“Then I have a few demands.”

“All right.”

“First I want to undergo DNI treatment. If your boys can deliver the goods like you say they can, I’ll need to bring my A-game to the table. Hacking isn’t just some leisurely sport for me. It’s a gift. I see things other people don’t. Patterns, codes, strata of information, like I was programmed to act and react to any situation. So naturally I will need a replacement.”


“I’ll need a new top-of-the-line workstation also. And, as a token of good faith, I think a change of wardrobe is in order.”

“We’ll see what we can swing. In the meantime, Hotei will be your on-call bodyguard. He’ll be your eyes and ears from this point onward.” Hosaka answered his headset, excusing himself while igniting the cigar. Harlan basked in the afterglow of the hospital’s fluorescence, reminiscing of his times with Luna and how they now seemed so small, how fragile Luna had become in a mere couple of hours. He rubbed his eyes, using a hospital site map of variant neons to focus, and traced a grimy finger to her room.


They called him ‘The Guardian’. In a world where the lowest perception was the ultimate reality, Mr. Hosaka didn’t wholly exist. Hotei attached to Harlan like a parasite, following his every move, but Hosaka simply vanished less than ten minutes after they separated. He was a myth, the guardian. Inner circles heard of stories — rumors really — circulating of a person who would one day transcend the corporeal shell of skin and bone, surpass human intelligence, and become something greater; the soul of a new machine. And as far as Harlan knew, Hosaka was the man to do it.

Luna was sleeping when he entered her chamber. The honeycomb framework of the hospital allowed for maximum space with minimum wastage, fireproof insulation and independent mechanisms allowed for quick detachment in case of catastrophe. Harlan snaked his arm into Luna’s purse, downloading the contents of her datapad before she woke up. Color returned to her face somewhat even with all her makeup removed. Wired tubing infused facial orifices with compressed oxygen. The usual antiseptic aroma of the hospital was quickly replaced by the lily-scented pheromones in Luna’s hair as she stirred herself awake.

“Hey, how are you doing?”
“A little groggy. Where am I?”

“You’re in the Level III trauma center of New Bedlam Hospital. You collapsed shortly after we arrived at Hiro’s apartment.”

“How long was I out?”

“About four hours. Doctors said it’ll be a couple of days before you make a full recovery. That pulse from Sector Nine gave quite a jolt to your system. But for the time being they’re going to wean you off the stimulants with some methadone. Make you clean eventually but withdrawal’s going to be a bitch.” Luna rose slightly, rubbing her forehead from a sudden onslaught of a headache. Harlan opened an ionized bottle of water, pouring small amounts into an oversized Dixie cup.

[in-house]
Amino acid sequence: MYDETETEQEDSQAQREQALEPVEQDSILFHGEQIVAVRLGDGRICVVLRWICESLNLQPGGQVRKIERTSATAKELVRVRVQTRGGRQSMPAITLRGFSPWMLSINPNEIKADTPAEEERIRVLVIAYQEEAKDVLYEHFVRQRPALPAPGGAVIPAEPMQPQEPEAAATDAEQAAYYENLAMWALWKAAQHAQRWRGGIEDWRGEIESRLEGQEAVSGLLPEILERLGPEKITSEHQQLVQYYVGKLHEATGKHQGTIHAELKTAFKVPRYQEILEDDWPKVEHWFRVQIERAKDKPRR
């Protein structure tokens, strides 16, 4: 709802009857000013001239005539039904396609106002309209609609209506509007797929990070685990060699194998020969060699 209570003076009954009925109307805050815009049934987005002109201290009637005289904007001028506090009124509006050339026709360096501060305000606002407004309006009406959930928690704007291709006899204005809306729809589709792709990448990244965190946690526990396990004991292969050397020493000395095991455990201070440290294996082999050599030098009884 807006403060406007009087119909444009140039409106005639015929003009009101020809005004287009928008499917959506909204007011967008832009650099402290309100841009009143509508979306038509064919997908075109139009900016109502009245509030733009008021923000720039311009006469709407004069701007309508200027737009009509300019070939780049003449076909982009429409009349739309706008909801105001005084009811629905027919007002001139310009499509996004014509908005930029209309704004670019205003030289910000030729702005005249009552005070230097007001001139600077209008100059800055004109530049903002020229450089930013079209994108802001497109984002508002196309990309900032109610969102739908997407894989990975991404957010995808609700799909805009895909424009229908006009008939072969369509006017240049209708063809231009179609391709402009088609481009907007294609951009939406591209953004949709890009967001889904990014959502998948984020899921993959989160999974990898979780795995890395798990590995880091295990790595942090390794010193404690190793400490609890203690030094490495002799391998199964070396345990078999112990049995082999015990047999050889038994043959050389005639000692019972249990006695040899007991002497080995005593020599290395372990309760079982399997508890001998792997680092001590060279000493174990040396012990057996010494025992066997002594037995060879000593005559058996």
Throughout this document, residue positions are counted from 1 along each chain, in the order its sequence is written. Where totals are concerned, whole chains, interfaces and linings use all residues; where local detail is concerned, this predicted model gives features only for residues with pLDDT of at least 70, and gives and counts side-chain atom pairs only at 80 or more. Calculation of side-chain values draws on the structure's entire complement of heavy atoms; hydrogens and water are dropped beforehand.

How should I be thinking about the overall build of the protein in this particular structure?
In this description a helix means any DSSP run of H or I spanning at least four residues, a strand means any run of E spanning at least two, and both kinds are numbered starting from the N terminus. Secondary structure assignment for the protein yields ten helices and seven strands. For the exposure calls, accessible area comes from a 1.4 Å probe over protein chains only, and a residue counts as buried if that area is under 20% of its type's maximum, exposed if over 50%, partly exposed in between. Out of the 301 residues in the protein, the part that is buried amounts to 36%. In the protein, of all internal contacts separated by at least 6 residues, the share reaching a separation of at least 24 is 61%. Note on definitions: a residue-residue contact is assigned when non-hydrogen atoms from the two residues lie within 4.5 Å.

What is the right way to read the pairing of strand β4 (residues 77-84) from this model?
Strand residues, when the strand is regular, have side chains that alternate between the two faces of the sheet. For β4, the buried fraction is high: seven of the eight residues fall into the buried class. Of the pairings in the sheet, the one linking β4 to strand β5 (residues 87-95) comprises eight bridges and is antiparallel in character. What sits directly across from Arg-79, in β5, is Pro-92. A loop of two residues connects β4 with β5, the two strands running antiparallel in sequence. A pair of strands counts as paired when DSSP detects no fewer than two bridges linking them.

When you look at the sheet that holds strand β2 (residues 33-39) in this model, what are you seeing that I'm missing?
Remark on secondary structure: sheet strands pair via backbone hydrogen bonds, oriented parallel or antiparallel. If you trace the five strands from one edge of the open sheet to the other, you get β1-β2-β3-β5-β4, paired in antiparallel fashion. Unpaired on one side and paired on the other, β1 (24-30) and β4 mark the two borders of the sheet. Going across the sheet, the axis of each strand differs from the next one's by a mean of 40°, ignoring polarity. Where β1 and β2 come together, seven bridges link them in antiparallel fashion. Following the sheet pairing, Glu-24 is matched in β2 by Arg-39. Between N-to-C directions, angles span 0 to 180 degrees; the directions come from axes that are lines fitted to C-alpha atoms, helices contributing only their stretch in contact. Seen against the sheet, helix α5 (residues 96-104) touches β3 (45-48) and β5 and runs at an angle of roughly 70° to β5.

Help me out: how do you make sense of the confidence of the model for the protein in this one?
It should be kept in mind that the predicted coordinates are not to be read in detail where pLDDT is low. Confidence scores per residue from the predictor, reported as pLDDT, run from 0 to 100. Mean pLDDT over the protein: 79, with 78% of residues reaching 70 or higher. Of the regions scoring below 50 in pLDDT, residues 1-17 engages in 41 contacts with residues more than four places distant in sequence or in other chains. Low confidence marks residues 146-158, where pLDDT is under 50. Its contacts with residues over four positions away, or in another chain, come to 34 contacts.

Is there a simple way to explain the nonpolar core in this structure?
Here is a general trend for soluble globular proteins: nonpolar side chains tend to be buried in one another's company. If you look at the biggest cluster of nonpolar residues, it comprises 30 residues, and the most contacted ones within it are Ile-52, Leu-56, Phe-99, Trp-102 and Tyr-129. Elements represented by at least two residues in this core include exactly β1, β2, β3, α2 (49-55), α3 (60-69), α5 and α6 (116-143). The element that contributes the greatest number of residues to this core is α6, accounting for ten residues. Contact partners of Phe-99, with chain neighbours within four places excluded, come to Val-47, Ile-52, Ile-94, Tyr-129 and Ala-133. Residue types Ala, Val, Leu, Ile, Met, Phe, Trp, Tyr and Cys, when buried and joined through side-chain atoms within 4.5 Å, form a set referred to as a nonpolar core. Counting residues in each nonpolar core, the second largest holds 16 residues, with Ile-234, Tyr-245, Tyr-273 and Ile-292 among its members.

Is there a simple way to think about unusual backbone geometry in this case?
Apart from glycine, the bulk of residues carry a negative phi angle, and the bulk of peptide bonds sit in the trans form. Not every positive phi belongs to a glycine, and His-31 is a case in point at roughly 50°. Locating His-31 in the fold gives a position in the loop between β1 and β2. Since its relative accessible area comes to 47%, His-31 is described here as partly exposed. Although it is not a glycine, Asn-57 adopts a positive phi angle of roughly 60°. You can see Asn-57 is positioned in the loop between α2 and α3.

“Tell me something I don’t know,” said Luna tersely, combing through her purse.

“Looking for this,” began Harlan, opening his jacket to reveal her pneumatic gun in his underarm holster, “I took the liberty of temporarily relinquishing your gun until you’re in a position to make decisions with a clear head.”

“Is that right? So you’re just going to keep watch on my room twenty-four hours a day. Is that it?”

“No, that’s not it. But our circumstances have changed slightly since our last encounter.” Harlan circled around the room, pulling the violet armchair to her bedside in order to speak quieter to her. “We escaped Sector Nine all right and made it to the terminal fine, but shortly after I…we returned to Hiro’s apartment there was some unexpected company there waiting there for us. Two men. A man named Hosaka and his bodyguard.”

“Did you kill them?”

“Believe me I would have. That is to say, I would have if I didn’t have you in my left hand and the duffel bag in my right. Thank God I didn’t though. They seemed more interested in Blithe than about killing.”

“What else is new?”

“I’m serious Luna. If we’re to get through this next juncture you’re going to have to be functioning. Believe it or not, I know a little something about DNI, enough to realize that when mixed with enough stimulants the combination can be fatal.” Harlan threw a sepia-stained dossier onto the bed and Luna thrust forwards, snatching it with outstretched arms.

“What the hell is this?”

“The life of one Mr. Hosaka. I didn’t ask for the file. He thinks it to be a gesture of good faith. That if we’re to work together in the future there should be no secrets between us.”

“There’s no picture here,” noted Luna, scanning the file.

“Impressive isn’t it? Reads more like a missing person’s report than a Feds rap sheet. It seems our friends at the CIA don’t have much of a clue than we do about him. Even his name. However, they seem convinced Hosaka exists. But instead of building a profile based on his crimes or physical characteristics, they try to piece it together through like events, coincidences, in an attempt to reverse engineer his identity. As far as they’re concerned he’s guilty until presumed innocent.”

“At least we know it. His true name anyway. Why’s this important?” Harlan tossed two additional dossiers on her lap as he washed his palms in a nearby enamel sink.

“Because we’re in the exact same boat. It appears one of Hosaka’s favorite hobbies is seeking out the world’s greatest hack-jobs and paying them off to do his bidding. Fortunately there’s enough in those files to have someone locked away for a lifetime.”